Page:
So, on the to-do list are to expand the German and Soviet forces to top off the platoons for two-player games. We're also planning to field light tank platoons, which means that we need some extra light tanks for the German forces. Which means I should be painting, not blogging!
DHL called me about a small package from the UK.
Some of this will be included in the forces: the KV-2 tank, the Soviet staff car, the German motorcycles and kubelwagen, Kfz. 305 Truck, and the Panzer 38(t). The Messerschmitt Bf 109 and the Soviet fire engine are going to do service as terrain features.
I could not wait to get started, and immediately opened up the Panzerkampfwagen 38(t). It's a 1/48 scale kit by Tamiya, and was released just this Spring. With the Panzer 38(t) now available, we are able to field almost all the tanks in the 1941 German list without mixing scales.
The Panzer 38(t) is fun to add to your German force, as it is not a German tank! It was designed in Czechoslovakia just before WW2, and due to the solid design it was incorporated in the German army. But it looks a lot different than your average German tank from the period, more boxy and clad in riveted steel. New units were produced until 1942, but even after its service as a frontline tank it survived as a chassis for other weapons, most famously as the Marder III tank destroyer. But did you know that Sweden also licensed the chassis, both as a tank (Stridsvagn m/41) and as assault artillery (Stormartillerivagn m/43)?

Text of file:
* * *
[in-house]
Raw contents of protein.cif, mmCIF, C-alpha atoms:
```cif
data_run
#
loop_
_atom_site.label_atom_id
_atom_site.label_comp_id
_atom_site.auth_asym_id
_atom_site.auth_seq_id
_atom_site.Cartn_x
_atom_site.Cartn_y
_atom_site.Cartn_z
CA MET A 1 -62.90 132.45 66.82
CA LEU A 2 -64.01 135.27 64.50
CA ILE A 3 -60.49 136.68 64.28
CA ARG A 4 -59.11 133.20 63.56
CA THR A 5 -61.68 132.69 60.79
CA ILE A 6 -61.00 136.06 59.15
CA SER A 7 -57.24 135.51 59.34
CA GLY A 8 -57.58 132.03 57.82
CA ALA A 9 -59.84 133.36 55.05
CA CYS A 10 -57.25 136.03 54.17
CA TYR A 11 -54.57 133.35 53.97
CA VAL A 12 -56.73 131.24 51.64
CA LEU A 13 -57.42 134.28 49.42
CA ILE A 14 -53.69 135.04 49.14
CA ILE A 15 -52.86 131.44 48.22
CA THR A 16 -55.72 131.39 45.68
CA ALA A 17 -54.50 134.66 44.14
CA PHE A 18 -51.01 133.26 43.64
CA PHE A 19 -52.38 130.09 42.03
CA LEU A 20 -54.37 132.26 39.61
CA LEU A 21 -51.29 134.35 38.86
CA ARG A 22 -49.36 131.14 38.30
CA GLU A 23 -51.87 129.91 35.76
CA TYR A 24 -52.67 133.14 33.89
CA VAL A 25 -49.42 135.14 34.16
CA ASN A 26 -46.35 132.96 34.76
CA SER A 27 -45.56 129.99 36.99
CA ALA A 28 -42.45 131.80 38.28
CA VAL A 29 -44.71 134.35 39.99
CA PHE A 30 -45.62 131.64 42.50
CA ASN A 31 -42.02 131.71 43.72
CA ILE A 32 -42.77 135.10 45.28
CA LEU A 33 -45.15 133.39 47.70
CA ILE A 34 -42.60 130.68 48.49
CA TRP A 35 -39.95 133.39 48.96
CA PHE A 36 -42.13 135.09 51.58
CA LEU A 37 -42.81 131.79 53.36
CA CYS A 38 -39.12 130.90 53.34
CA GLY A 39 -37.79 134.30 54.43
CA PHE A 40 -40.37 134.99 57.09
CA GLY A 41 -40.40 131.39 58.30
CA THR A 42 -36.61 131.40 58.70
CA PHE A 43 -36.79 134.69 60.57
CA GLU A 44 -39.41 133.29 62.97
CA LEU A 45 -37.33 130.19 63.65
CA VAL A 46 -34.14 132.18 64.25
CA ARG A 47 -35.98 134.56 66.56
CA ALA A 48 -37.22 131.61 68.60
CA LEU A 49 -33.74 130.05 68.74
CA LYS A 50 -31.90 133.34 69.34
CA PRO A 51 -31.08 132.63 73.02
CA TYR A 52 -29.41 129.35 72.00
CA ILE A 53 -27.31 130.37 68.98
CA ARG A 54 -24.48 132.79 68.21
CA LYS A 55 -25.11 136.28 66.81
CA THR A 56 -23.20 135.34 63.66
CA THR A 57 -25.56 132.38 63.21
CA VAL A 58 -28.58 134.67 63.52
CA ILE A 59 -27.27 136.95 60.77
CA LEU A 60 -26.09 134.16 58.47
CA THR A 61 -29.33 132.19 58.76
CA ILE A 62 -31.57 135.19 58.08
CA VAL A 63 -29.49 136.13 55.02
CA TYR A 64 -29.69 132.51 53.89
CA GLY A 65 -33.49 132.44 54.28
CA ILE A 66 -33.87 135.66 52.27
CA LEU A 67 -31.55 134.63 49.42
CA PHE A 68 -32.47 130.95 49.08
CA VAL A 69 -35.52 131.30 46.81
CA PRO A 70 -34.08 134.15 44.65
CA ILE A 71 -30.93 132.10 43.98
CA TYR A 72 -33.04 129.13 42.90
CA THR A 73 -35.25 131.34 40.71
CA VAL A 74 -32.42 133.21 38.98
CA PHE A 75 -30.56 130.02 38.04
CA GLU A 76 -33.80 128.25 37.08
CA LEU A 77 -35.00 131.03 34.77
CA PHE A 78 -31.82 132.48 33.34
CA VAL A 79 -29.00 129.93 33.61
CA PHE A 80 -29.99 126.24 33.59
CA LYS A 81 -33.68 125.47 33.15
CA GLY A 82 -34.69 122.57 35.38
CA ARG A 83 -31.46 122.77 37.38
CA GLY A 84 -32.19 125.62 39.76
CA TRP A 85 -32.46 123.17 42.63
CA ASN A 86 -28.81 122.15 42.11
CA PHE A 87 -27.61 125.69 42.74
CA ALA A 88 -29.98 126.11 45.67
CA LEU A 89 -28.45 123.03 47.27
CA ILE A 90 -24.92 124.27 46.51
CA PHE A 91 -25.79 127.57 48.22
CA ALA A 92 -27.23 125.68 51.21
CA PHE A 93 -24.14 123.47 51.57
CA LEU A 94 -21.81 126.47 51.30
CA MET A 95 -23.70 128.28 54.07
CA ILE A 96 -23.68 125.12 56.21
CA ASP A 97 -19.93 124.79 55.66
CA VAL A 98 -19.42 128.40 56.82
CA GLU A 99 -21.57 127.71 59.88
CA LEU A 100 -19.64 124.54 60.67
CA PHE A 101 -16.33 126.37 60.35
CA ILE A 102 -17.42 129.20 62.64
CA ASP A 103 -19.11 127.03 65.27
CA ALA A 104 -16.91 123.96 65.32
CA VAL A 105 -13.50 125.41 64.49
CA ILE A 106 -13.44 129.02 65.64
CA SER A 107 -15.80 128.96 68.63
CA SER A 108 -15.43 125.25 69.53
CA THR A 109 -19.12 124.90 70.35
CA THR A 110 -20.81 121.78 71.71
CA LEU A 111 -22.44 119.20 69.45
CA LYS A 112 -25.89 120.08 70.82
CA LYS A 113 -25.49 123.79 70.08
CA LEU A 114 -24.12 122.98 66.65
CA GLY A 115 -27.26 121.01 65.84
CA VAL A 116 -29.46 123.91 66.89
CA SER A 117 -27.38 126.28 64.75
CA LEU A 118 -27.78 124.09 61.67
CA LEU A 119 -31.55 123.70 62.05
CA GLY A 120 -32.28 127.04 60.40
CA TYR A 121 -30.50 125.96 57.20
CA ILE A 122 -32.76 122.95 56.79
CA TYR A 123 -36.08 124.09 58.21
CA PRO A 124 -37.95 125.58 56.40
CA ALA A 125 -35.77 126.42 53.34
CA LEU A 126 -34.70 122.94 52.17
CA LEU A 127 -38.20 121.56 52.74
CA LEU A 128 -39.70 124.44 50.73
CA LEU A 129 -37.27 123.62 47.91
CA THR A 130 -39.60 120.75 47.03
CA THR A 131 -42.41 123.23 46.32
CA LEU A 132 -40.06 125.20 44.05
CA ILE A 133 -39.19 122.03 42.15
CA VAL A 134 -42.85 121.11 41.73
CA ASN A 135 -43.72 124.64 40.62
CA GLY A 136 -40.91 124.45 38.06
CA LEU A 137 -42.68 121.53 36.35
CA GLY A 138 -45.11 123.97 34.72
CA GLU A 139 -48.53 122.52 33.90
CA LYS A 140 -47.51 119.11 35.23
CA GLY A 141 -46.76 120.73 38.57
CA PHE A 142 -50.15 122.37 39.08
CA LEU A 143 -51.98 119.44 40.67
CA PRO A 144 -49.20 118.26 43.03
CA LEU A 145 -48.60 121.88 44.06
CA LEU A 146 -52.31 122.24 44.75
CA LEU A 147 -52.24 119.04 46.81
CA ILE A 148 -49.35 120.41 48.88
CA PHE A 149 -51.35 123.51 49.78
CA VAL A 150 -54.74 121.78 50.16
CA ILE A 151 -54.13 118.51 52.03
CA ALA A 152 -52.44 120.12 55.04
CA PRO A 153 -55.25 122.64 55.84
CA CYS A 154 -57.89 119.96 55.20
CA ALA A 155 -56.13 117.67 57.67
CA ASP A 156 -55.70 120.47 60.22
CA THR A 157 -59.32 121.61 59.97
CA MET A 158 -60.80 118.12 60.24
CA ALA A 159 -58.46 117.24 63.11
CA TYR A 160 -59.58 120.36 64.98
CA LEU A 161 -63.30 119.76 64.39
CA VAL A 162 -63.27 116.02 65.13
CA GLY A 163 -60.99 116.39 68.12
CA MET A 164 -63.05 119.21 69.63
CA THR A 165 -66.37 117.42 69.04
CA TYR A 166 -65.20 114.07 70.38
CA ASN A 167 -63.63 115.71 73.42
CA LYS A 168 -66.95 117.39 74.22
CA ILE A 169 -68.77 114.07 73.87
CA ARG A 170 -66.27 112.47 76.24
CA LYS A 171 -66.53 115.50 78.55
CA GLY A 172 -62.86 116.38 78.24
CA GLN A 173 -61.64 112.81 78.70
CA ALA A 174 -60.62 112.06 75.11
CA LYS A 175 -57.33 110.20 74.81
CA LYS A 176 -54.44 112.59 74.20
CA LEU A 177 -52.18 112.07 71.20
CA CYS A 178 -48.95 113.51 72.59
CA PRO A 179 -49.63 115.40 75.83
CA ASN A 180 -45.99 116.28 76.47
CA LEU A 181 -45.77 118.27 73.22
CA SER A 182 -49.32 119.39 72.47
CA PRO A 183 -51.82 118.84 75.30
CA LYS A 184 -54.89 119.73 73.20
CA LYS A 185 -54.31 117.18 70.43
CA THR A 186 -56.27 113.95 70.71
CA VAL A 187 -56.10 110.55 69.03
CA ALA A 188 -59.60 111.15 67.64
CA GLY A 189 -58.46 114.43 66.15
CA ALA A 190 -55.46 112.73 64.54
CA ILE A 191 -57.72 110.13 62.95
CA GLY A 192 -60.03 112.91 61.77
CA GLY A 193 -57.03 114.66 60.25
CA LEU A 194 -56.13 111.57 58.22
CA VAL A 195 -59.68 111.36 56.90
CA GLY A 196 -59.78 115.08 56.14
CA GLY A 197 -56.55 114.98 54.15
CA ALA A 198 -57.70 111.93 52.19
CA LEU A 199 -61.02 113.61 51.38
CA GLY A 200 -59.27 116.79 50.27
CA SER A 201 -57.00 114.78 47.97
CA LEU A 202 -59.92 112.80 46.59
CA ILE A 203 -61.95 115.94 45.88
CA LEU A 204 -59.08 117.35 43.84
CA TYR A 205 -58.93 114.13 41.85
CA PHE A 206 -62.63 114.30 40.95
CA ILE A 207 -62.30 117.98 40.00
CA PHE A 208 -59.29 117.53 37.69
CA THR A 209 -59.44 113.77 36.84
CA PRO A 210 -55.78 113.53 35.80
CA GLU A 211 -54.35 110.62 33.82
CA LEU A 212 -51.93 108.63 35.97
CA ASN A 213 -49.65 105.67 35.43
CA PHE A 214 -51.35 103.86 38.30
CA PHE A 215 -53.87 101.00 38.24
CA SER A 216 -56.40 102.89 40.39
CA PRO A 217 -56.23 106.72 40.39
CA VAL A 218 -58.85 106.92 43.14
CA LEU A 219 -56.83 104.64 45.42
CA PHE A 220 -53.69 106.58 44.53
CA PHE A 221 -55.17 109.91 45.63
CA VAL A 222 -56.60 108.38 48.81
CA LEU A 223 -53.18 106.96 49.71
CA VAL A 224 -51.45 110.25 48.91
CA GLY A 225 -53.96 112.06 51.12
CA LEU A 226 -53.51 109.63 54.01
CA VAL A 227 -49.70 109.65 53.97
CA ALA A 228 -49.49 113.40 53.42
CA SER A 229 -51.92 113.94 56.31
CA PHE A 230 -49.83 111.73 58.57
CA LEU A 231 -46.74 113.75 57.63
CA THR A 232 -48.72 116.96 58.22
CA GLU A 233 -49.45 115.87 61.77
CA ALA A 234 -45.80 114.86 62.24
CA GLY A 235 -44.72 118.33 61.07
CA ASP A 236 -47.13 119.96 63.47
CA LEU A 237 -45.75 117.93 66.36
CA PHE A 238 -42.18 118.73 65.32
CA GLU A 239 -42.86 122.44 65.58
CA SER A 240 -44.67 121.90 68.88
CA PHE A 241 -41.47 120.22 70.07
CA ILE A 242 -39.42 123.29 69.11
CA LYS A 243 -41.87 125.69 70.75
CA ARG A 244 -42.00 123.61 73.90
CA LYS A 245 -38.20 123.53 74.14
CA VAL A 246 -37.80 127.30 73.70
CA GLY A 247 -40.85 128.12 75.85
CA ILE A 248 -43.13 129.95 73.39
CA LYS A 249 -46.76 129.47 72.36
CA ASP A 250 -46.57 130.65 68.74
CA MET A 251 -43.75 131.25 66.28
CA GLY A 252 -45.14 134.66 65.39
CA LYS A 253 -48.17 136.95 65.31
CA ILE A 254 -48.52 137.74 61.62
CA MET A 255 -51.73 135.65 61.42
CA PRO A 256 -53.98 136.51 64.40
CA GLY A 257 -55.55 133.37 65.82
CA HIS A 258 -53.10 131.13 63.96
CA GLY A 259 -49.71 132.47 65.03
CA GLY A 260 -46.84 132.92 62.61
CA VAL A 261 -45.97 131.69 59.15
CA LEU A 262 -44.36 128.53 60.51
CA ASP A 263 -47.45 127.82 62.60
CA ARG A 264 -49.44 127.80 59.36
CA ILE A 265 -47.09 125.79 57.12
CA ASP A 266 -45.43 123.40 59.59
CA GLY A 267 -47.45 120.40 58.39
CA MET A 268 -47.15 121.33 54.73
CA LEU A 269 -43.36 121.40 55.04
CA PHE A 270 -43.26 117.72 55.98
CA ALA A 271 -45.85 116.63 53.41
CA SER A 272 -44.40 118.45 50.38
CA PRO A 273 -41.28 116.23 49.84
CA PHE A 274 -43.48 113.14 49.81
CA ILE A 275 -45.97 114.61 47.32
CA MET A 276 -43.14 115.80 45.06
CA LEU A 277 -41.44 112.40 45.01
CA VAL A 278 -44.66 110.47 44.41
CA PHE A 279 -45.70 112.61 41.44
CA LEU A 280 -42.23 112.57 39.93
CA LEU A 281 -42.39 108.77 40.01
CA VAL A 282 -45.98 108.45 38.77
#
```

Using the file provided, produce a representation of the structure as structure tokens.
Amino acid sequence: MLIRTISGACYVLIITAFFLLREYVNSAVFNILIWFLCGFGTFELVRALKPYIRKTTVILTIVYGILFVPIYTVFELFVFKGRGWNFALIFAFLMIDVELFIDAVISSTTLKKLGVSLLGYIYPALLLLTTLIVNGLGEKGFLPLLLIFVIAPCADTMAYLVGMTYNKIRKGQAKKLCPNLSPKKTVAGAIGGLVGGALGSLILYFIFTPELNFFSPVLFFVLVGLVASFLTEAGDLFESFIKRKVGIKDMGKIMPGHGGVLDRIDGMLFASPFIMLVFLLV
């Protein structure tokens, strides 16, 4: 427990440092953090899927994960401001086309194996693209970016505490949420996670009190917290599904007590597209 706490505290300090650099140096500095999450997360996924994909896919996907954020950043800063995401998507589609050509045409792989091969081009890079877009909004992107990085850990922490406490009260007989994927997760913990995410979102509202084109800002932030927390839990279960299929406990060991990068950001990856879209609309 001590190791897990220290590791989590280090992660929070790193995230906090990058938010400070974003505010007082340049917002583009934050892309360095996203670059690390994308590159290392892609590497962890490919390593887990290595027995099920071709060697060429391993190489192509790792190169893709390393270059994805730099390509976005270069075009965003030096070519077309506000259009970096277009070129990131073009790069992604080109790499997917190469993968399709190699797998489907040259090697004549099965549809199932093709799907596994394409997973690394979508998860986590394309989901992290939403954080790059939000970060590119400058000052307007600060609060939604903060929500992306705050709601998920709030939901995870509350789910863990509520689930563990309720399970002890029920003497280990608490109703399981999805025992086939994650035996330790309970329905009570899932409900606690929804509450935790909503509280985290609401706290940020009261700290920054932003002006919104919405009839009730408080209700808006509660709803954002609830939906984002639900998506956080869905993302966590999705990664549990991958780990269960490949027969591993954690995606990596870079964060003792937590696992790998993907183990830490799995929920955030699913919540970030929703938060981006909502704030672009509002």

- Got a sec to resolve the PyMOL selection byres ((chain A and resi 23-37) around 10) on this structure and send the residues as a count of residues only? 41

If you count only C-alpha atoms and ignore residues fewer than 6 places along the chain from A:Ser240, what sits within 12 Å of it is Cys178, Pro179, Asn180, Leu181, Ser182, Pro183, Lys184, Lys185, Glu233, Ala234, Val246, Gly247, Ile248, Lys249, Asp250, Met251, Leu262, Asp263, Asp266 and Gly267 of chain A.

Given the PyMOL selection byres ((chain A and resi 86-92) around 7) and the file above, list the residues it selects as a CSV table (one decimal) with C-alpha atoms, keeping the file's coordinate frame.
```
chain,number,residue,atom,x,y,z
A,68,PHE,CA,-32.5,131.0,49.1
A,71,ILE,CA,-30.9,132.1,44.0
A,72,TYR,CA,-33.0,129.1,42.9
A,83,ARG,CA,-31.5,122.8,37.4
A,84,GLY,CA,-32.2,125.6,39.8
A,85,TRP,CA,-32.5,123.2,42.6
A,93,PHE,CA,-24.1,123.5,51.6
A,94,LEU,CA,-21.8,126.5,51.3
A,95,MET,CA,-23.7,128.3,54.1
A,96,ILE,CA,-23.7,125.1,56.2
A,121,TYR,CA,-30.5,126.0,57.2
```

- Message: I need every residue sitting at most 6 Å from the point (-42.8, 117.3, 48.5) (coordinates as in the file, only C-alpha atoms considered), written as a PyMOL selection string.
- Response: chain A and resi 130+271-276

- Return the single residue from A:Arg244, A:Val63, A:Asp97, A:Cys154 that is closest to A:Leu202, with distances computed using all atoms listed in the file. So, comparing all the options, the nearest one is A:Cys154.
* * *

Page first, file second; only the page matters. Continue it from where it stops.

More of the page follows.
Either way, there's a great review of the kit at missing-lynx.com. I agree with everything said in there: it's a simple and pretty cheap kit, and I built it in just two sittings. It has a commander model if you like that, or you can just model the hatch shut. I can recommend it to anyone who wants to add a slightly quirky tank for their early to mid war German forces. Next up will be the very minor detail of painting it!
WW2 Campaign Blog
This blog follows the second Chain of Command club campaign, set in the intense fighting over Stalino in October 1941.